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Wee Willie Winkie (Mother Goose Club)
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A traditional Scottish nursery rhyme for children. In time, Wee Willie Winkie became the personification of sleep, making sure little children go to bed at the right time. The original "ten o'clock" time was later considered much too late for children to go to bed, so it is often changed to eight.

Wee Willie Winkie runs through the town,
Upstairs and downstairs, in his nightgown;
Rapping at the window,
crying through the lock,
"Are the children in their beds?
Now it's eight o'clock."

WEE= (Scottish English) Little, small.

NIGHTGOWN= An old-fashioned long dress used for sleeping (see picture).

RAPPING= To knock repeatedly.

LOCK= The keyhole


The original poem was written by William Miller in 1841, in Scottish English, and it was like this:

    Wee Willie Winkie rins through the toon,
    Up stairs an' doon stairs in his nicht-gown,
    Tirlin' at the window, crying at the lock,
    "Are the weans in their bed, for it's now ten o'clock?"

    "Hey, Willie Winkie, are ye comin' ben?
    The cat's singin grey thrums to the sleepin hen,
    The dog's speldert on the floor and disna gie a cheep,
    But here's a waukrife laddie, that wunna fa' asleep."

    Onything but sleep, you rogue, glow'ring like the moon,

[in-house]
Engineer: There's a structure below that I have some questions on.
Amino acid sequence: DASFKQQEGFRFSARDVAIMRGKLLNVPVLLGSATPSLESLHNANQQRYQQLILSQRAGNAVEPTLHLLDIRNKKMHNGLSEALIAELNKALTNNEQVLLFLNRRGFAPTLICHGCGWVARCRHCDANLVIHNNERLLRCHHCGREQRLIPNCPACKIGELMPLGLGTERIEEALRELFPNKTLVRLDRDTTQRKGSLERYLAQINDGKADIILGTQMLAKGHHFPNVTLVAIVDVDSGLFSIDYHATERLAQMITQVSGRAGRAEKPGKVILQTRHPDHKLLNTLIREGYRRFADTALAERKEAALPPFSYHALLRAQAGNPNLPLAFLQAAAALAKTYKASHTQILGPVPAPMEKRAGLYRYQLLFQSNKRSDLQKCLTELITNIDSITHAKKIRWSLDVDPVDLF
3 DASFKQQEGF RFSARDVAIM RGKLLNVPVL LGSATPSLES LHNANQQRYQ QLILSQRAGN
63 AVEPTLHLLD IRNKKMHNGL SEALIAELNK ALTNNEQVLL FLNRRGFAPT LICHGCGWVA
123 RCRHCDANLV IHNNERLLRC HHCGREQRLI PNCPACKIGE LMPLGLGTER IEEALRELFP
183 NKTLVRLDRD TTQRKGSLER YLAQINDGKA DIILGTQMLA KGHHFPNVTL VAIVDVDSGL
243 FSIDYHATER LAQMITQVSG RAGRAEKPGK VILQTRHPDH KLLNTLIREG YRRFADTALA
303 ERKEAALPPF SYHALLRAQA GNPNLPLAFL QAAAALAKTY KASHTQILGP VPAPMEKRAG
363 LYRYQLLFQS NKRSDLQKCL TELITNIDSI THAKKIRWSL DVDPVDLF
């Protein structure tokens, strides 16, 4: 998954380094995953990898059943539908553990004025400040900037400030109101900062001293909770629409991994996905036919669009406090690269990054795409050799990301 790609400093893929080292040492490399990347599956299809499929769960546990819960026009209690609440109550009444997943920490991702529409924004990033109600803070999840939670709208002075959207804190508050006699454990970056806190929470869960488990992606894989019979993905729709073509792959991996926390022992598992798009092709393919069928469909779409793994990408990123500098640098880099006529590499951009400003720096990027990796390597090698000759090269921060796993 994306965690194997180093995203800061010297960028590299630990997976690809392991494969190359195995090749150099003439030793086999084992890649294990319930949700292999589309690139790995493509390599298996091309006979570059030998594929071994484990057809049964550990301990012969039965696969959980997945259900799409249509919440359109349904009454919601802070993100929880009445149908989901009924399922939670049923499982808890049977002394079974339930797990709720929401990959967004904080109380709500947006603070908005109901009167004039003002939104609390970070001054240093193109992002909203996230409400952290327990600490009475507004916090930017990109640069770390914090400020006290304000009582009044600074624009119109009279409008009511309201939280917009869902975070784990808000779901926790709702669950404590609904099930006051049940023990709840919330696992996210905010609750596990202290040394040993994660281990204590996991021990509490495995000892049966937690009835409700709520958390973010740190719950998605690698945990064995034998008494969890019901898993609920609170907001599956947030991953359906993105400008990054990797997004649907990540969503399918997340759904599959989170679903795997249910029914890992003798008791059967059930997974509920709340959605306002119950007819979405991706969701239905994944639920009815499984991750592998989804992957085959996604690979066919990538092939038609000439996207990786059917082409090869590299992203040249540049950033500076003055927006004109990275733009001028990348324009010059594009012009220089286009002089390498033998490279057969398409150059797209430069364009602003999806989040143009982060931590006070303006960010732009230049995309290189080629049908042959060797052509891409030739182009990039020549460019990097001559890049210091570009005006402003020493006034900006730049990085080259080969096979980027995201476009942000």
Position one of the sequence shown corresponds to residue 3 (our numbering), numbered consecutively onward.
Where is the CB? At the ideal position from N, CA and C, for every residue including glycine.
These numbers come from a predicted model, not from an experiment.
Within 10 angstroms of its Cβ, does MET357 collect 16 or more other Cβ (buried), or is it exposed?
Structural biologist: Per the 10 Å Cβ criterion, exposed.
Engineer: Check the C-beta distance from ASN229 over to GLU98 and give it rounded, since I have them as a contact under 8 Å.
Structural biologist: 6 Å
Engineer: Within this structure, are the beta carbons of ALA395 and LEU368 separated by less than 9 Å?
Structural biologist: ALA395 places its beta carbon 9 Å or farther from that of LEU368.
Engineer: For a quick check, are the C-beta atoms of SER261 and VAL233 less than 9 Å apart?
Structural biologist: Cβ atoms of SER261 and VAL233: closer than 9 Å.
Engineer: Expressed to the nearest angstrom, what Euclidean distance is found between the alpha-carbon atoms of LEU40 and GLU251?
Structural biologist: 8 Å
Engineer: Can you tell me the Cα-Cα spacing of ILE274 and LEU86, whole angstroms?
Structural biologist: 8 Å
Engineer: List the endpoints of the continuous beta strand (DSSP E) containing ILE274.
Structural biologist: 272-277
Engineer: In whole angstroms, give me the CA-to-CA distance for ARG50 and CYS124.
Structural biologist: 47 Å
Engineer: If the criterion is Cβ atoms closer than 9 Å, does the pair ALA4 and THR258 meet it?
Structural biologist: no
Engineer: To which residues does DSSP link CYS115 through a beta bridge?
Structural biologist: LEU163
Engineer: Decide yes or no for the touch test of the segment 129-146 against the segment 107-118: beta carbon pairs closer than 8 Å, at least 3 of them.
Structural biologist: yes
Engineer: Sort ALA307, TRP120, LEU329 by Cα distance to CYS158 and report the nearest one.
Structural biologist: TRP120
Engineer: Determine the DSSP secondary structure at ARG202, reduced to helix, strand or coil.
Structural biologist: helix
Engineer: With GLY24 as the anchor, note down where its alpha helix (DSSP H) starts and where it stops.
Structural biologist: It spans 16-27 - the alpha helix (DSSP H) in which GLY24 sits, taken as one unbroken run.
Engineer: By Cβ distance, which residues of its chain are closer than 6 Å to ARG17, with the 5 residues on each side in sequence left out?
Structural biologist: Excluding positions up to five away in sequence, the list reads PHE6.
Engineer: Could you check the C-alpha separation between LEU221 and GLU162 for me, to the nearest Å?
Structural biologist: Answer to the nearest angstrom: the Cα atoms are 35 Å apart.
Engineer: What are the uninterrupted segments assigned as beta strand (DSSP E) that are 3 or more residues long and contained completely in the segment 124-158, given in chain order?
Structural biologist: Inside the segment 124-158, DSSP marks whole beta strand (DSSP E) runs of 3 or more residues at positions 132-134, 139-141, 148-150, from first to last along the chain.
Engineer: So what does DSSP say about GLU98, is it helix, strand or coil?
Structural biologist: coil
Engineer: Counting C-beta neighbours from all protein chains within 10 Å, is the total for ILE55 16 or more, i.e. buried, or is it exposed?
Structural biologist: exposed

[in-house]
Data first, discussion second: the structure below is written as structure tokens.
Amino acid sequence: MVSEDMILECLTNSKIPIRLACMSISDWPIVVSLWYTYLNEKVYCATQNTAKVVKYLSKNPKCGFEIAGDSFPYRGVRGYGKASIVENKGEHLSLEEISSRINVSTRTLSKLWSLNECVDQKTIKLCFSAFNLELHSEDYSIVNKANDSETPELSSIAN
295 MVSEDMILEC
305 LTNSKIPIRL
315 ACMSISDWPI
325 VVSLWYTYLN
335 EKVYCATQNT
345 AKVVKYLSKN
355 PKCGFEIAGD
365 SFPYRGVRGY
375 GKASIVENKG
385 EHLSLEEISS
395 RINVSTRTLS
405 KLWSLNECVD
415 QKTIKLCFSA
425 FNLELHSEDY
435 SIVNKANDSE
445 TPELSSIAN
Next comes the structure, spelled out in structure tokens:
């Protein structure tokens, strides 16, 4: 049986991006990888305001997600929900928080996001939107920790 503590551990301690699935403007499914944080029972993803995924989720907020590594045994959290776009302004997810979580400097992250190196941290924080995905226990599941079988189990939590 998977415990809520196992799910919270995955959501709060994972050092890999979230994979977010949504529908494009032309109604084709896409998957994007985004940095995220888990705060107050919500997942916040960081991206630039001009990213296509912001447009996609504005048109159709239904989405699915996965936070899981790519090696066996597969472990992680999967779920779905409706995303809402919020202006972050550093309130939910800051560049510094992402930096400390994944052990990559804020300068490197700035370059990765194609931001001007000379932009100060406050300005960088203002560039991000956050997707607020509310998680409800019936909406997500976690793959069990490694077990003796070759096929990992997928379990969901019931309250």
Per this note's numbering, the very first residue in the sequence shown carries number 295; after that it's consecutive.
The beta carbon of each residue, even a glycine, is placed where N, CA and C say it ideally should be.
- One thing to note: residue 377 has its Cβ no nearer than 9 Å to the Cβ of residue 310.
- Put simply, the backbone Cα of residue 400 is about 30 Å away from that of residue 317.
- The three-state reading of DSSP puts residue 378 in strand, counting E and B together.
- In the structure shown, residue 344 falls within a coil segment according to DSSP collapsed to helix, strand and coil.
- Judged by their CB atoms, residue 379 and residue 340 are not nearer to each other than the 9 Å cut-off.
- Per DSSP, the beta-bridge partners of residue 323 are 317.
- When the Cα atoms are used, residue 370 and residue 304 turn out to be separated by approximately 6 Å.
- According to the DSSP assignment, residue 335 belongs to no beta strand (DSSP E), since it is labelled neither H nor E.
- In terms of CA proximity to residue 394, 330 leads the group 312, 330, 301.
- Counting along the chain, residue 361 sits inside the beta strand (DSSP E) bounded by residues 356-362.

Rattlin' in an airn jug wi' an airn spoon,
    Rumblin', tumblin' roon about, crawin' like a cock,
    Skirlin like a kenna-what, waukenin' sleepin' fock.

    "Hey Willie Winkie, the wean's in a creel,
    Wamblin' aff a bodie's knee like a verra eel,
    Ruggin' at the cat's lug and raveling a' her thrums-
    Hey Willie Winkie – see there he comes."

    Wearit is the mither that has a stoorie wean,
    A wee, stumpie, stousie, that canna rin his lane,
    That has a battle aye wi' sleep afore he'll close an e'e-
    But a kiss frae aff his rosy lips gies strength anew to me.

But soon a standard English version appeared:

    Wee Willie Winkie runs through the town,
    Up stairs and down stairs in his night-gown,
    Tapping at the window, crying at the lock,
    Are the children in their bed, for it's past ten o'clock?

    Hey, Willie Winkie, are you coming in?
    The cat is singing purring sounds to the sleeping hen,
    The dog's spread out on the floor, and doesn't give a cheep,
    But here's a wakeful little boy who will not fall asleep!

    Anything but sleep, you rogue! glowering like the moon,'
    Rattling in an iron jug with an iron spoon,
    Rumbling, tumbling round about, crowing like a cock,
    Shrieking like I don't know what, waking sleeping folk.

    Hey, Willie Winkie – the child's in a creel!
    Wriggling from everyone's knee like an eel,
    Tugging at the cat's ear, and confusing all her thrums
    Hey, Willie Winkie – see, there he comes!"

    Weary is the mother who has a dusty child,
    A small short little child, who can't run on his own,
    Who always has a battle with sleep before he'll close an eye
    But a kiss from his rosy lips gives strength anew to me.


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